Tuesday, April 19, 2016

Microreview [book]: What is Not Yours is Not Yours

Dreams, hearts, and doors all come open if you have the right key...

                                                        

The epigraph to Helen Oyeyemi’s absorbingly seductive and strange new story collection, What is Not Yours is Not Yours, reads: “open me carefully.” These words are intended on multiple levels. The stories contained in this book are all about things locked and opened—from doors to hearts to secrets. These are also interlocking stories, making this more technically a story cycle rather than a collection. And, finally, these stories should also be read with care. Oyeyemi’s prose is gorgeous but often there are barbs hidden within this loveliness.


The opening story, “Books and Roses,” was a twisting story within a story: both about love and both entwined with the other. The main story follows Montserrat, a baby left in a chapel, and the secondary narrative is that of the story told to Montse by Senora Lucy. I’ll admit that this story left me feeling a little cold. Something about it, especially on first read, felt less full and alive than some of Oyeyemi’s previous work (especially my two favorite of her works: Icarus Girl and White is for Witching.) However, this story becomes more meaningful as one reads through the rest of the pieces. Its themes of love and loss and hopeful waiting become more sharply defined when juxtaposed with the other tales.

One of my favorite stories is “‘Sorry’ Doesn’t Sweeten Her Tea,” (and not only because of that perfection of a title), which centers around a house of locks. Here, again, we are given physical locks as stand-ins for the things we can’t lock ourselves away from (or the things we too willingly do lock ourselves away from).

One of Oyeyemi’s most amazing tricks throughout the collection is the ease with which she switches between voices and storytelling styles. While all of these pieces feel thematically linked, I never felt like I was reading the same piece over and over. A piece like “Sorry” feels much more contemporary than one like “Books and Roses” or a later story “Dornicka and the St. Martin’s Day Goose.” (And, again, let us pause to savor the titles throughout this collection, including my absolute favorite title, that of the gloriously creepy story, “If a Book is Locked There’s Probably a Good Reason for that Don’t You Think.”)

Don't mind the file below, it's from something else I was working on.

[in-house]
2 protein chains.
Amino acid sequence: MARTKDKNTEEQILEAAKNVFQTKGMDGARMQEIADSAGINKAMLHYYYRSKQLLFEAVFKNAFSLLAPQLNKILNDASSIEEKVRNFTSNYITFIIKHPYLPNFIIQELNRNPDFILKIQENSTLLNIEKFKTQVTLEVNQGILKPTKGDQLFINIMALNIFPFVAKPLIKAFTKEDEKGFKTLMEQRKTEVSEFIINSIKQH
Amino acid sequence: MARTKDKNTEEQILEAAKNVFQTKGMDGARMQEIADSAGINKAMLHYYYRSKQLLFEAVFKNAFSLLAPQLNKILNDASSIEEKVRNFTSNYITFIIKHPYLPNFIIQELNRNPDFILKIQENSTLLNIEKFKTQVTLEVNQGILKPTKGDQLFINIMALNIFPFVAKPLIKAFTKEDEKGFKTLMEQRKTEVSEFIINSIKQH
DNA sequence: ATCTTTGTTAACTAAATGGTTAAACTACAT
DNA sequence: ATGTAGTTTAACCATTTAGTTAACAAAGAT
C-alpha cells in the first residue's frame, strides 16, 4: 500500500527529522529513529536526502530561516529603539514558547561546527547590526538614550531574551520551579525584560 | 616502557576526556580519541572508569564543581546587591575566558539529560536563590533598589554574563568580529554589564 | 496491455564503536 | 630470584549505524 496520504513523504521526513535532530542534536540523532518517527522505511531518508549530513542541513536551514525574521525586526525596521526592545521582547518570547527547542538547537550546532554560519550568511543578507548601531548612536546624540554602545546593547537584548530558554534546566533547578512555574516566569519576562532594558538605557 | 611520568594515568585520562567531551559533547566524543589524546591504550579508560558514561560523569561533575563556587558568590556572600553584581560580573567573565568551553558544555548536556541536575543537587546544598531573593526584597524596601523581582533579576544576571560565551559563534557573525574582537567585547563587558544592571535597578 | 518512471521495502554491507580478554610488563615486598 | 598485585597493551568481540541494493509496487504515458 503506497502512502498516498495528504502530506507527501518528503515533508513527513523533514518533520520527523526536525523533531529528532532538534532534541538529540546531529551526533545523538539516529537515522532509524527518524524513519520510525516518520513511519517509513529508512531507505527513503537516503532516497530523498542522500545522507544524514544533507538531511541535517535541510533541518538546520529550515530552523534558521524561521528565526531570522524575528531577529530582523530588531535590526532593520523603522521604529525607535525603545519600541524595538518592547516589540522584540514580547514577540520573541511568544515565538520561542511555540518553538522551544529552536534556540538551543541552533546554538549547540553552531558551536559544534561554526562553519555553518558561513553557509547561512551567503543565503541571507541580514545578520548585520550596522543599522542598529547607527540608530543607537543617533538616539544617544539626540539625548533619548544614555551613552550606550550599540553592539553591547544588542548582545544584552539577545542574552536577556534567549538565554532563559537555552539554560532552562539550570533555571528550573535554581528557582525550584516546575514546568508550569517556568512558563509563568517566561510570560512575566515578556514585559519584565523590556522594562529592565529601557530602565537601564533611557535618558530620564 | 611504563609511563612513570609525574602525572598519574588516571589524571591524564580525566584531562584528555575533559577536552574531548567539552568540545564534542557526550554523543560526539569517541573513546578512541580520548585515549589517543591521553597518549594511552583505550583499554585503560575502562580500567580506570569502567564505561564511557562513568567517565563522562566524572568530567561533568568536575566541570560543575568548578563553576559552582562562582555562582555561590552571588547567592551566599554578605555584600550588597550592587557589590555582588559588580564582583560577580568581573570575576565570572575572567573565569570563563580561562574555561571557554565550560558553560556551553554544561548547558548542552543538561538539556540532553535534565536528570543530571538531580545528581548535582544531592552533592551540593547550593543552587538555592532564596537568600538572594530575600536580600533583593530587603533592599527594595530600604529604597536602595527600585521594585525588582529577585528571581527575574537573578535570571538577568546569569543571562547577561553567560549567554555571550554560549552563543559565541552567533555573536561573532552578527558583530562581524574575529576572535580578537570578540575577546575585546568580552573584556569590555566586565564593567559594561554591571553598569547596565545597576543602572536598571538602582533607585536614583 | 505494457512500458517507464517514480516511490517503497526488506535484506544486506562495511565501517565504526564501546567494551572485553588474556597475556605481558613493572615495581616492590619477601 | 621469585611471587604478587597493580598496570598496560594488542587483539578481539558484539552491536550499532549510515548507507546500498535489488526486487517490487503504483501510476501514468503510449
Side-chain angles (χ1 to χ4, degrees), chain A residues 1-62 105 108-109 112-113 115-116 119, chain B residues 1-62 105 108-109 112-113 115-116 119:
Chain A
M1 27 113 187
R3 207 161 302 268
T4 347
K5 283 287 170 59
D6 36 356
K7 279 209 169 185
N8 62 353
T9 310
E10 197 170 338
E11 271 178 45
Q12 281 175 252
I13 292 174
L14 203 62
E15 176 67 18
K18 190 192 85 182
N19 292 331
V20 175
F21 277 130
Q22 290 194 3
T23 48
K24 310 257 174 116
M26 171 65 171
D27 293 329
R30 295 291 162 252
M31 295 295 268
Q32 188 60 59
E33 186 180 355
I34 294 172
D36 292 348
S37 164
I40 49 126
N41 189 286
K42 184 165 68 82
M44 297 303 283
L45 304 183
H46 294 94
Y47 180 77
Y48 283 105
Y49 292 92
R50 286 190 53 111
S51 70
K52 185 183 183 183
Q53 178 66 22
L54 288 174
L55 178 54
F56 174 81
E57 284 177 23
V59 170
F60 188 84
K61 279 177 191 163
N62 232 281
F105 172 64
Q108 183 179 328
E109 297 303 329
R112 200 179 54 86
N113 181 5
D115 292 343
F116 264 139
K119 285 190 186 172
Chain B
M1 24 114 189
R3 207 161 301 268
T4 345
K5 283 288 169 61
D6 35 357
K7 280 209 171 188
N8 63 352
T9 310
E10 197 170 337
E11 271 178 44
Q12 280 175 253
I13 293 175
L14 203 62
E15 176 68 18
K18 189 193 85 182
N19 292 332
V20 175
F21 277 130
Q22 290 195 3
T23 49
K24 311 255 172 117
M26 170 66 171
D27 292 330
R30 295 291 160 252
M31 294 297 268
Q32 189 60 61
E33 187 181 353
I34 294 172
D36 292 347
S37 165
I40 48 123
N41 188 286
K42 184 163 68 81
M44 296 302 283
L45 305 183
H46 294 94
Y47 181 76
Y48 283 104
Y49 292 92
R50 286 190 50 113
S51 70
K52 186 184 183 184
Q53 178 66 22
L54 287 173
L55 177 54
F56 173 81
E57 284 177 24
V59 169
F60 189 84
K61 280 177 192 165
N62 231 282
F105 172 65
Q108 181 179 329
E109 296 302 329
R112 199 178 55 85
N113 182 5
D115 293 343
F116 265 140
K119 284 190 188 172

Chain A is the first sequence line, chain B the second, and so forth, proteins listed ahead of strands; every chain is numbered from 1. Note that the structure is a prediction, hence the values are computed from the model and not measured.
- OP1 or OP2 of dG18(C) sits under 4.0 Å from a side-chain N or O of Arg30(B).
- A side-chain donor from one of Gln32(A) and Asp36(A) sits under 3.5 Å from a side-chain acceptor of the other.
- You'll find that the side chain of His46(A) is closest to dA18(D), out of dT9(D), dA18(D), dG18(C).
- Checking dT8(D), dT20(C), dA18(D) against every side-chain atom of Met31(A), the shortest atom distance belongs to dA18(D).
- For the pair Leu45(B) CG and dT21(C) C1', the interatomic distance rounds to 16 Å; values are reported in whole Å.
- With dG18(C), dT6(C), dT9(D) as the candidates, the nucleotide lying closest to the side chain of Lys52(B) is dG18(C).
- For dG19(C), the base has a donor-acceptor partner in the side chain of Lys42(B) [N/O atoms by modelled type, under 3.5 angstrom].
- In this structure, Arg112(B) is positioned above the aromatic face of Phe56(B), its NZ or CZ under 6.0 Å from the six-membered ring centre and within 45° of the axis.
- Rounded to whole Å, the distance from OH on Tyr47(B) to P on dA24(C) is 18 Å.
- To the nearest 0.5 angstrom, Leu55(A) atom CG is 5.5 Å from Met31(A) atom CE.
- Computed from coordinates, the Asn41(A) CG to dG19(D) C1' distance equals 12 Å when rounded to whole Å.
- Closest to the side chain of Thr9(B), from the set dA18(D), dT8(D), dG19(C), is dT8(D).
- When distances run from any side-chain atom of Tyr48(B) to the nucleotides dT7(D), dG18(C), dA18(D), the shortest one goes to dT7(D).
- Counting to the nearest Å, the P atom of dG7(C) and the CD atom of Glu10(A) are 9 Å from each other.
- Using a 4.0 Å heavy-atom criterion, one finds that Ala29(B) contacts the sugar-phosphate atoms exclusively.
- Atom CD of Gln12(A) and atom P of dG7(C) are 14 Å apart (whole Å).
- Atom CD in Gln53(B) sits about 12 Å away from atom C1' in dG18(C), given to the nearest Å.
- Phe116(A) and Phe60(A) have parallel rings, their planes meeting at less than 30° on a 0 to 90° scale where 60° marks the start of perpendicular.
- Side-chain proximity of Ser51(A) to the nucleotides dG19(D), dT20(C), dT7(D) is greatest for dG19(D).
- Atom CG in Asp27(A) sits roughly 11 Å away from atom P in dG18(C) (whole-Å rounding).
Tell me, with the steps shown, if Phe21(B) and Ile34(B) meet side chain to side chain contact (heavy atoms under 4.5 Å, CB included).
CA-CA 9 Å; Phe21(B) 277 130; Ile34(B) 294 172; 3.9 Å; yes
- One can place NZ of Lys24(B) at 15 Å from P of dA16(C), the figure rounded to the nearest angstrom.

The other trick that Oyeyemi consistently proves she can do extremely well is that of beginning and ending her stories (something that I haven’t always found true of her novels—it goes against most people’s opinions, but I found both Boy, Snow, Bird and Mr. Fox to be ultimately disappointing because of their weak endings). Take the opening of “Drowning” for example: “This happened and it didn’t happen: A man threw a key into a fire. Yes, there are people who do such things.” Or that of “Dornicka” which begins: “Well, Dornicka met a wolf on Mount Radhost.” What each of these openings also shows is how intrinsic storytelling and a folkloric feel is to this collection. In each story, I felt like someone was telling me the story, versus that I was reading it. This is a hard feat to pull off well, but Oyeyemi has perfected it.

Ultimately the flaws of the book seem more to be flaws of labeling rather than anything else. As a story collection, some of these pieces don’t hold up as well. They feel not quite completed or slightly less full of life. However, reading the whole book as a, well, whole is a different experience entirely. The stories speak to one another and gain deeper resonance through the act of reading them together. So, if you’re looking for a book to pick up and just haphazardly read a story or two then this might not be the collection for you. If, however, you’re looking for an unsettling, lyrical, trip into a world of hauntingly beautiful stories, then certainly pick this one up!

The Math

Baseline Assessment: 8/10

Bonuses: +1 for story titles that made me jealous, +1 for there being a puppetry school in one of the stories

Penalties: -1 for not every story being able to completely stand on its own (but, honestly, I’m being unfair here)

Nerd Coefficient: 9/10 “
very high quality/standout in its category


***

POSTED BY: Chloe, speculative fiction fan in all forms, monster theorist, and Nerds of a Feather blogger since 2016.

Reference: Oyeyemi, Helen What is Not Yours is Not Yours [Riverhead, 2016]  


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